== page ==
Toronto Film Society presented Murder Will Out [The Voice of Merrill] (1952) on Monday, April 3, 1989 in a double bill with Calling Bulldog Drummond as part of the Season 41 Monday Evening Film Buffs Series “C”, Programme 6.
Production Company: Kramer-Hyams Films release of Tampean Film-Eros Films (Robert S. Baker-Monty Berman production). Director: John Gilling. Screenplay: John Gilling, script by Gerald Landeau, Terrance Austin.
Cast: Valerie Hobson (Alycia Roach), Edward Underdown (Hugh Allen), James Robertson Justice (Jonathan Roach), Henry Kendall (Ronald Parker), Gary Marsh (Inspector Thornton), Daniel Wherry (Pierce), Sam Kydd (Sgt. Baker), Daphne Newton (Miss Quinn), Ian Fleming (Dr. Forrest).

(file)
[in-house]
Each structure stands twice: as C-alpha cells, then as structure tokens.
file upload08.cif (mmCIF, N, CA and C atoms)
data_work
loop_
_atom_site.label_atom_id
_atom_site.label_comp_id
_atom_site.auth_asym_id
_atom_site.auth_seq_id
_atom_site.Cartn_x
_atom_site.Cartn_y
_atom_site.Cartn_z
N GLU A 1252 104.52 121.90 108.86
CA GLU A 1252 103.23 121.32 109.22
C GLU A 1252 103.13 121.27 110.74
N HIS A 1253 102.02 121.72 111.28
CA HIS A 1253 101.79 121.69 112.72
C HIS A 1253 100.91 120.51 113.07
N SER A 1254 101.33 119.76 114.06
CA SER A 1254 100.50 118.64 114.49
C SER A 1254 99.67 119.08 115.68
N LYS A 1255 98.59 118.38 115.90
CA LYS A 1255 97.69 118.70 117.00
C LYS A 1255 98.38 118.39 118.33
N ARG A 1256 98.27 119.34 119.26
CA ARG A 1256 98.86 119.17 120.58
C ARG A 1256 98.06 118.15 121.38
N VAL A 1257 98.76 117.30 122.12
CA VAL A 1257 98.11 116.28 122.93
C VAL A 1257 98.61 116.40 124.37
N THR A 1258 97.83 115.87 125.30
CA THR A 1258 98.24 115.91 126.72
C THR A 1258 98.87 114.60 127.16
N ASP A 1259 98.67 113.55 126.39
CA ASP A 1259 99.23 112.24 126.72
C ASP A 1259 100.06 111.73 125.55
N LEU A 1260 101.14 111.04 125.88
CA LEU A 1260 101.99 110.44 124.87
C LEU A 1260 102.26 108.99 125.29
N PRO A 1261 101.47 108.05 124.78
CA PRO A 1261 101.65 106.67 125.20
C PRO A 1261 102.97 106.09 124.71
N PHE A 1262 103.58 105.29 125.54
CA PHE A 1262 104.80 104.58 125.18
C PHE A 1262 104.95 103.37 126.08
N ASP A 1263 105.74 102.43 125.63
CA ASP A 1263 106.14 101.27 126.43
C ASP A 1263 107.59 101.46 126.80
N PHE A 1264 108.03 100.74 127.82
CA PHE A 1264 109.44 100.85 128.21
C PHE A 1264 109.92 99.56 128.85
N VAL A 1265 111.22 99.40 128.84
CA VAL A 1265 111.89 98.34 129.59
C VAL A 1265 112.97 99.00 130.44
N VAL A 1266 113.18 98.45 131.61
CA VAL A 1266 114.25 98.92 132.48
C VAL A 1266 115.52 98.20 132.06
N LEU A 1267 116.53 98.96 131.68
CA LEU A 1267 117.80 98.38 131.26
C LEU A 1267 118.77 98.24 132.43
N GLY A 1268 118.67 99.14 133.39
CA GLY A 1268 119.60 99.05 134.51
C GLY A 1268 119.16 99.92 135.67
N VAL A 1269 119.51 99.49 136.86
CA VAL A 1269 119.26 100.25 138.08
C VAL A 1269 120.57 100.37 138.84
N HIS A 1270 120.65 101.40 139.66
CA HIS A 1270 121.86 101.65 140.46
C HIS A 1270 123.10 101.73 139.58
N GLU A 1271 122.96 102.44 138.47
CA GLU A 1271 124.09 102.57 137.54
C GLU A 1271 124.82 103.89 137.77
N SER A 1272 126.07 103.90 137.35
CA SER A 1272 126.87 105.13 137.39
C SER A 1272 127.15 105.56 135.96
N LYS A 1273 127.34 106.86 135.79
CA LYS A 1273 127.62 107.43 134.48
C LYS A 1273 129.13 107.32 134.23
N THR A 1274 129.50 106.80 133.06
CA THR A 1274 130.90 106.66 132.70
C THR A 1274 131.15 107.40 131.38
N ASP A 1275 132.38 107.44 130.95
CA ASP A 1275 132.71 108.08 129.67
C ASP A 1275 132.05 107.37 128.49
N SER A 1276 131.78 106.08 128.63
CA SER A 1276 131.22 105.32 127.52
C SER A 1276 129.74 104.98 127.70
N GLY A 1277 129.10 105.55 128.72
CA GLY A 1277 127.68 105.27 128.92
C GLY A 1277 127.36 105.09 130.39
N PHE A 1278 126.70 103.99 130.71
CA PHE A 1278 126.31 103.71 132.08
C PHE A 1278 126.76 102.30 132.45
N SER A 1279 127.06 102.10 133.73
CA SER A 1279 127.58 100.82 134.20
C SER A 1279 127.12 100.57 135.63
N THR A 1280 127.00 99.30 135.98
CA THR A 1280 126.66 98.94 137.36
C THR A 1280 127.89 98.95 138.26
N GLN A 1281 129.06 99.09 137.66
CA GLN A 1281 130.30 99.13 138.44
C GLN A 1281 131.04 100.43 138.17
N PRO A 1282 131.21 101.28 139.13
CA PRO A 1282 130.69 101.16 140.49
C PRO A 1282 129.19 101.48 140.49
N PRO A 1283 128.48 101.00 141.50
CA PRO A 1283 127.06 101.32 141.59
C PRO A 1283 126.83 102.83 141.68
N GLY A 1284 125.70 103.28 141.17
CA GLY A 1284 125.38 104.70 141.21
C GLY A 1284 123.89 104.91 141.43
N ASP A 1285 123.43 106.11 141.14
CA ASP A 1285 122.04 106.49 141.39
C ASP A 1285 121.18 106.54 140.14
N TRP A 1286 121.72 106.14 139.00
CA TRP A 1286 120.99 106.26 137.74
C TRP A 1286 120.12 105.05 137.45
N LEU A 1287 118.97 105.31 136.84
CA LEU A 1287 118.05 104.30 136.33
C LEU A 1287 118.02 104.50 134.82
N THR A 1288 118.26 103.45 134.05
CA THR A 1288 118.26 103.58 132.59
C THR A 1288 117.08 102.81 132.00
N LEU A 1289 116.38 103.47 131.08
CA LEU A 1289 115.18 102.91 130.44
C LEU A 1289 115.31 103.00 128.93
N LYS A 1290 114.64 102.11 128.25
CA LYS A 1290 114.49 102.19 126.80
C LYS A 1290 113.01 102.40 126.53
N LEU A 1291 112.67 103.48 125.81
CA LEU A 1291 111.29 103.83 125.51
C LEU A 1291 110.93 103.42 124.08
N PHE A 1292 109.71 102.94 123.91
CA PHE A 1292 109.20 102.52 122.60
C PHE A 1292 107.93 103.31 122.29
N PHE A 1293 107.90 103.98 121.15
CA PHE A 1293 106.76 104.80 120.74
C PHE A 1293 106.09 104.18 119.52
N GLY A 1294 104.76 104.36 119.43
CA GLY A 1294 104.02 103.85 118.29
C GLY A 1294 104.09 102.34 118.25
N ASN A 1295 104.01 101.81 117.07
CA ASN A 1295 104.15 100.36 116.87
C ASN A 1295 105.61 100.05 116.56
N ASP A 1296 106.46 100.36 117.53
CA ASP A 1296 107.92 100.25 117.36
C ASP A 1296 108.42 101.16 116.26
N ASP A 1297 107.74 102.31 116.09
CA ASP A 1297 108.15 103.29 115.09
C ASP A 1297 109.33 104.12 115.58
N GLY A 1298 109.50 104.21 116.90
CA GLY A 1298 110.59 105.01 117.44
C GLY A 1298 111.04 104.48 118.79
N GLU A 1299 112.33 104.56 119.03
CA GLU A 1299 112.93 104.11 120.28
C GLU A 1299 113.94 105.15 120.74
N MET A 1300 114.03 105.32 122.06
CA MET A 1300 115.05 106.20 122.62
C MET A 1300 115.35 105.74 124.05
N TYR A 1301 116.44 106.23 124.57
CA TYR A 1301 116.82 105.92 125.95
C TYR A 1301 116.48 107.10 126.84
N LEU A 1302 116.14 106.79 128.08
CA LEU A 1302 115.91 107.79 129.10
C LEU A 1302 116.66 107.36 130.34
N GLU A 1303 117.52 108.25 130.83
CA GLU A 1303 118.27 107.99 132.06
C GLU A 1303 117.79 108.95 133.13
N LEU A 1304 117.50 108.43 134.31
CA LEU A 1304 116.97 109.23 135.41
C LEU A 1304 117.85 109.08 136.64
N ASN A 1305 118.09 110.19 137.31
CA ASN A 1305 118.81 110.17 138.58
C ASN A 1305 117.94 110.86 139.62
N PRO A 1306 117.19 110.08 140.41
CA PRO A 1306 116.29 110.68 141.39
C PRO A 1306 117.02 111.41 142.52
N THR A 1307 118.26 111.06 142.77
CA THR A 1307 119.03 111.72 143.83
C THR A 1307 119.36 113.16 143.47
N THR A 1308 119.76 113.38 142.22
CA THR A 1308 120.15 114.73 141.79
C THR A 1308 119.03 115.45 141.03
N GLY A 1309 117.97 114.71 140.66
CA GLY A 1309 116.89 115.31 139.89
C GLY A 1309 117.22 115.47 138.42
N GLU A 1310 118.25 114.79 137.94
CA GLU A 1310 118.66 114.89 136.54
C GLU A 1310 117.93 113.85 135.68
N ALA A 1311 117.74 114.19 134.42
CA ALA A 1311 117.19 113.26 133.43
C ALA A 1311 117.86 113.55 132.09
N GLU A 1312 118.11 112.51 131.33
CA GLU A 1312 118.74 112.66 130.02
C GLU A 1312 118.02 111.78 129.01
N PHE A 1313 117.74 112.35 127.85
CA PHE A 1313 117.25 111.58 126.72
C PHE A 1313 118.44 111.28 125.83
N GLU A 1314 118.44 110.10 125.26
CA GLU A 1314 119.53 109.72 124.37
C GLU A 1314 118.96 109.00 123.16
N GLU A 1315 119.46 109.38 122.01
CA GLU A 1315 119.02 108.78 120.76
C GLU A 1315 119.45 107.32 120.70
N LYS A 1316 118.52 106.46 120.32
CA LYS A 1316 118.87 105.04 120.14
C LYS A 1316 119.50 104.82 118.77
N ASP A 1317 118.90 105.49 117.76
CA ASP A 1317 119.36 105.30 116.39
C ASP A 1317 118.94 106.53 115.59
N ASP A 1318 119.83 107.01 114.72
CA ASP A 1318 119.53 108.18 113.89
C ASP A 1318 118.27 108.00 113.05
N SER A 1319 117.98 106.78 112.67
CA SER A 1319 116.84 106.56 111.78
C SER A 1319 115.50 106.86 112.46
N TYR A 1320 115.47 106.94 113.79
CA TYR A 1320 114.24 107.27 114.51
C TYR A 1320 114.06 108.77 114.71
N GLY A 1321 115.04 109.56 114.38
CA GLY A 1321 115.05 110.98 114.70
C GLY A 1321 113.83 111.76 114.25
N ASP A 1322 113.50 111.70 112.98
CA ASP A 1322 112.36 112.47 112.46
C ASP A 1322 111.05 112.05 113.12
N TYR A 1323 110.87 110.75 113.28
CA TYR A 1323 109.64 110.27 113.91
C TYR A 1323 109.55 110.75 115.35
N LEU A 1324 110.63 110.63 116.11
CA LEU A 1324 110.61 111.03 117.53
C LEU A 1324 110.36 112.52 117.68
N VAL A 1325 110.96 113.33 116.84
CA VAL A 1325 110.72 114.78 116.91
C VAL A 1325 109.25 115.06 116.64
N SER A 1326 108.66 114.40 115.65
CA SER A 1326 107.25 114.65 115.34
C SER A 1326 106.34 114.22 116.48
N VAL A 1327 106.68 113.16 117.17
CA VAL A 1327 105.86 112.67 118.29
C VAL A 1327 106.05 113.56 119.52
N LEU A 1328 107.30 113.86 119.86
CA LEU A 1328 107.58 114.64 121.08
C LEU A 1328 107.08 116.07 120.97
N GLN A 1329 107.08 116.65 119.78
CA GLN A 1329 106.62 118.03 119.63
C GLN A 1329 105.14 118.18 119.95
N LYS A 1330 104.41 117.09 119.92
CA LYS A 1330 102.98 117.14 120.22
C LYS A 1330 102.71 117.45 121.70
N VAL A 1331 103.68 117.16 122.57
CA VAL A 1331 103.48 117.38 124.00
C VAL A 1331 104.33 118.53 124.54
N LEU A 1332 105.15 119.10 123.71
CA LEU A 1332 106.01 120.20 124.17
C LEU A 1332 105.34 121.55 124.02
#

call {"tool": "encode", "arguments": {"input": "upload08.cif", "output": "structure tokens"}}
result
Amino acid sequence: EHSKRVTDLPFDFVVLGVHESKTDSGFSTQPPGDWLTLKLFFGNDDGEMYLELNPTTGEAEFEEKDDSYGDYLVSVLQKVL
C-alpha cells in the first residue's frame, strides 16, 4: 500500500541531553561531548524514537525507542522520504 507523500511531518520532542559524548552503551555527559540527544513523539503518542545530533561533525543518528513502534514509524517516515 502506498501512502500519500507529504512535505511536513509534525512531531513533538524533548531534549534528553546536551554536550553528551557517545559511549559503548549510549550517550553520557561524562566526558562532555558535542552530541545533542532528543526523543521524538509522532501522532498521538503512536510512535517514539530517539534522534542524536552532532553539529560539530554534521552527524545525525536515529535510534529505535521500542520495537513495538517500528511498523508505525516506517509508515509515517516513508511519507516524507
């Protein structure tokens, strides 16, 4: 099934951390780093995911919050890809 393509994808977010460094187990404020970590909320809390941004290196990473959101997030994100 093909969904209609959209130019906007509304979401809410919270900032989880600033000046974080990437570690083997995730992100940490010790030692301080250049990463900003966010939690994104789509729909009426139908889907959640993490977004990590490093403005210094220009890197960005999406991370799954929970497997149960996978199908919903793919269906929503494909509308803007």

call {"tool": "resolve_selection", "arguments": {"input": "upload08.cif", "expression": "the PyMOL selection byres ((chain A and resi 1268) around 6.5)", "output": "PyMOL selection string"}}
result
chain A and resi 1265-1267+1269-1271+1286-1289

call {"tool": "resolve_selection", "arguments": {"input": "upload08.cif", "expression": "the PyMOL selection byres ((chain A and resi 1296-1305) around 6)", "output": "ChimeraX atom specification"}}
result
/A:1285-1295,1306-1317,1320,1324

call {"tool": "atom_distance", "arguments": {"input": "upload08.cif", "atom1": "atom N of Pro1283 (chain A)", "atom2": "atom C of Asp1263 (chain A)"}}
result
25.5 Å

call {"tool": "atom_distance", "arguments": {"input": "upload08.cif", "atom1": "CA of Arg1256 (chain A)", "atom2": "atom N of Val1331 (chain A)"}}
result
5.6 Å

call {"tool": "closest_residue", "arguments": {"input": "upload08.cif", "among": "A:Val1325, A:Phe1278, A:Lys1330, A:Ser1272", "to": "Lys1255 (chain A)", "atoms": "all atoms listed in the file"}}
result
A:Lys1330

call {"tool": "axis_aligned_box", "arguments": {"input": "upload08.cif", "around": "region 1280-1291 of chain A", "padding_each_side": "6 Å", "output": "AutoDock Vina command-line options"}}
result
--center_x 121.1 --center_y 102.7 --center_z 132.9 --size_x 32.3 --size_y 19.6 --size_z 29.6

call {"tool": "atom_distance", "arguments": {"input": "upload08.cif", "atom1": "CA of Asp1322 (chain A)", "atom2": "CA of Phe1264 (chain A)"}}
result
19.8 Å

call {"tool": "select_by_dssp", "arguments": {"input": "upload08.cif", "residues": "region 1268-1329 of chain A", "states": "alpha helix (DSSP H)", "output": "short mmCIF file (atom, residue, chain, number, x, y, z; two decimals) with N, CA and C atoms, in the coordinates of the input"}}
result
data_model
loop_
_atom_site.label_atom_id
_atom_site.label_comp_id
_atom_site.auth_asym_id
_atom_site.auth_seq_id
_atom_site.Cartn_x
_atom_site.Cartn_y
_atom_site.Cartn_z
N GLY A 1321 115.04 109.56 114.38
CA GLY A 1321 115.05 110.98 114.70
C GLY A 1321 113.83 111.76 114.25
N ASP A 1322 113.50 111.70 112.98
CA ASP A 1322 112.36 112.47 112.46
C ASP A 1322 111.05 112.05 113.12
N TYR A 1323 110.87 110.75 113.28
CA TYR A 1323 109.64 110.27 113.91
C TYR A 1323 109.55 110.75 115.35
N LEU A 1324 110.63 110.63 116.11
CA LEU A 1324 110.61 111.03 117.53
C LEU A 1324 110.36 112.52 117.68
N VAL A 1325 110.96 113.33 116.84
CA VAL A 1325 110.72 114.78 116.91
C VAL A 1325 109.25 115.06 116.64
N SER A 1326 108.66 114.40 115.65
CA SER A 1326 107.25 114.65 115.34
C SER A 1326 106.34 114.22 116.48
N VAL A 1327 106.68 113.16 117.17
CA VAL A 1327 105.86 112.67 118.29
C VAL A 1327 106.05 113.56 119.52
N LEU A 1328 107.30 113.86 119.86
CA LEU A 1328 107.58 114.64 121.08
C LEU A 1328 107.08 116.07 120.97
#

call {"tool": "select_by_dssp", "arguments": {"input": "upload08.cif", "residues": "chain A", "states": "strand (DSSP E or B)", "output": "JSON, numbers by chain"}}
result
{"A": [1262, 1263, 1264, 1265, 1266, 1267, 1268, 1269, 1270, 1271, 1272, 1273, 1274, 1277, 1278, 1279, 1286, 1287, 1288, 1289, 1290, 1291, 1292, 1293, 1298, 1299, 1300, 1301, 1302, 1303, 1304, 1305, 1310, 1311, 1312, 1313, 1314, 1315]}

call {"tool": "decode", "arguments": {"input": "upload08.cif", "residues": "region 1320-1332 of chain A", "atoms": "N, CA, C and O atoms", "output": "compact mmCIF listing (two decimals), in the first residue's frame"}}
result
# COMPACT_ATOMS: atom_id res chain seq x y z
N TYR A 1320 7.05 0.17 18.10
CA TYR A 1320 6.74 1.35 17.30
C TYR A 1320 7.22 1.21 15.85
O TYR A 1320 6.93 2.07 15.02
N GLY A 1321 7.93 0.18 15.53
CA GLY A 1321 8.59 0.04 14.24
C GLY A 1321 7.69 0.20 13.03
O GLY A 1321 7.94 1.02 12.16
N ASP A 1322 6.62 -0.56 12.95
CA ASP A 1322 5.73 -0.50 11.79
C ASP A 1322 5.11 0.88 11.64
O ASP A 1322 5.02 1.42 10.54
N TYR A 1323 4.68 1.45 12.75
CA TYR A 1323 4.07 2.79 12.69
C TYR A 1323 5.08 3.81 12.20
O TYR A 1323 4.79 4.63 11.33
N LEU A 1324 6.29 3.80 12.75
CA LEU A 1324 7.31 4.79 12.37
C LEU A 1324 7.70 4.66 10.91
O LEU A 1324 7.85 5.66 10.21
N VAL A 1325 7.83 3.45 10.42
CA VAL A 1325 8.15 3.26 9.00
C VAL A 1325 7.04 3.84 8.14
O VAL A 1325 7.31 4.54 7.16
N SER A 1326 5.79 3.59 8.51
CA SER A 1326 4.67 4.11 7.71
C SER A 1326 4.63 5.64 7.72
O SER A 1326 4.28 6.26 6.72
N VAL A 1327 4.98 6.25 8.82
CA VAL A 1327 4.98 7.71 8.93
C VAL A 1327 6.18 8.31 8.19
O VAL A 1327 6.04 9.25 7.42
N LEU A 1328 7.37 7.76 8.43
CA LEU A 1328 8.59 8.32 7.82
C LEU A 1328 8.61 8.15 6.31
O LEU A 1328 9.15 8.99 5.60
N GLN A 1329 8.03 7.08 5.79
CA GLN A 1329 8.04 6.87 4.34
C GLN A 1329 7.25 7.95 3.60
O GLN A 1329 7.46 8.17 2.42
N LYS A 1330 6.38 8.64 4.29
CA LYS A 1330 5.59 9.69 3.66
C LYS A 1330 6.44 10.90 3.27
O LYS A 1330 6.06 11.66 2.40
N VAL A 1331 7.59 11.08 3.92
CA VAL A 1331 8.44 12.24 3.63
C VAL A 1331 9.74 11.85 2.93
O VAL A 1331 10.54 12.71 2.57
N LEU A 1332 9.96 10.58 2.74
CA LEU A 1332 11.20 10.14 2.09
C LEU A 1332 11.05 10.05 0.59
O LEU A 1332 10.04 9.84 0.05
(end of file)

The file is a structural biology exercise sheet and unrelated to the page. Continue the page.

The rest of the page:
A case of murder, articulately and suspensefully told as only the British filmmaker could in the 1950’s, Murder Will Out is one of the seldom seen minor productions which showcased the talents of the likes of Valerie Hobson, James Robertson Justice and the largely unknown Edward Underdown. The story, described by the New York Times reviewer as “another slickly calculated ‘whodunit'”, involves the things of which good mysteries are made: insinuating suspicions, mounting passions, a search for a murderer and a love affair between two of the principals. The red herrings appear everywhere in the complex, articulate plot. Valerie Hobson is the beautiful wife of James Robertson Justice, a literary celebrity of doubtful manners and (with Justice in the role) what else but a decidedly acid personality. She falls in love with Edward Underdown, an unsuccessful writer of mystery stories. The interesting off-beat part of the story revolves around the British Broadcasting Corporation and broadcasters of stories written by the noted but little-loved mate, Justice.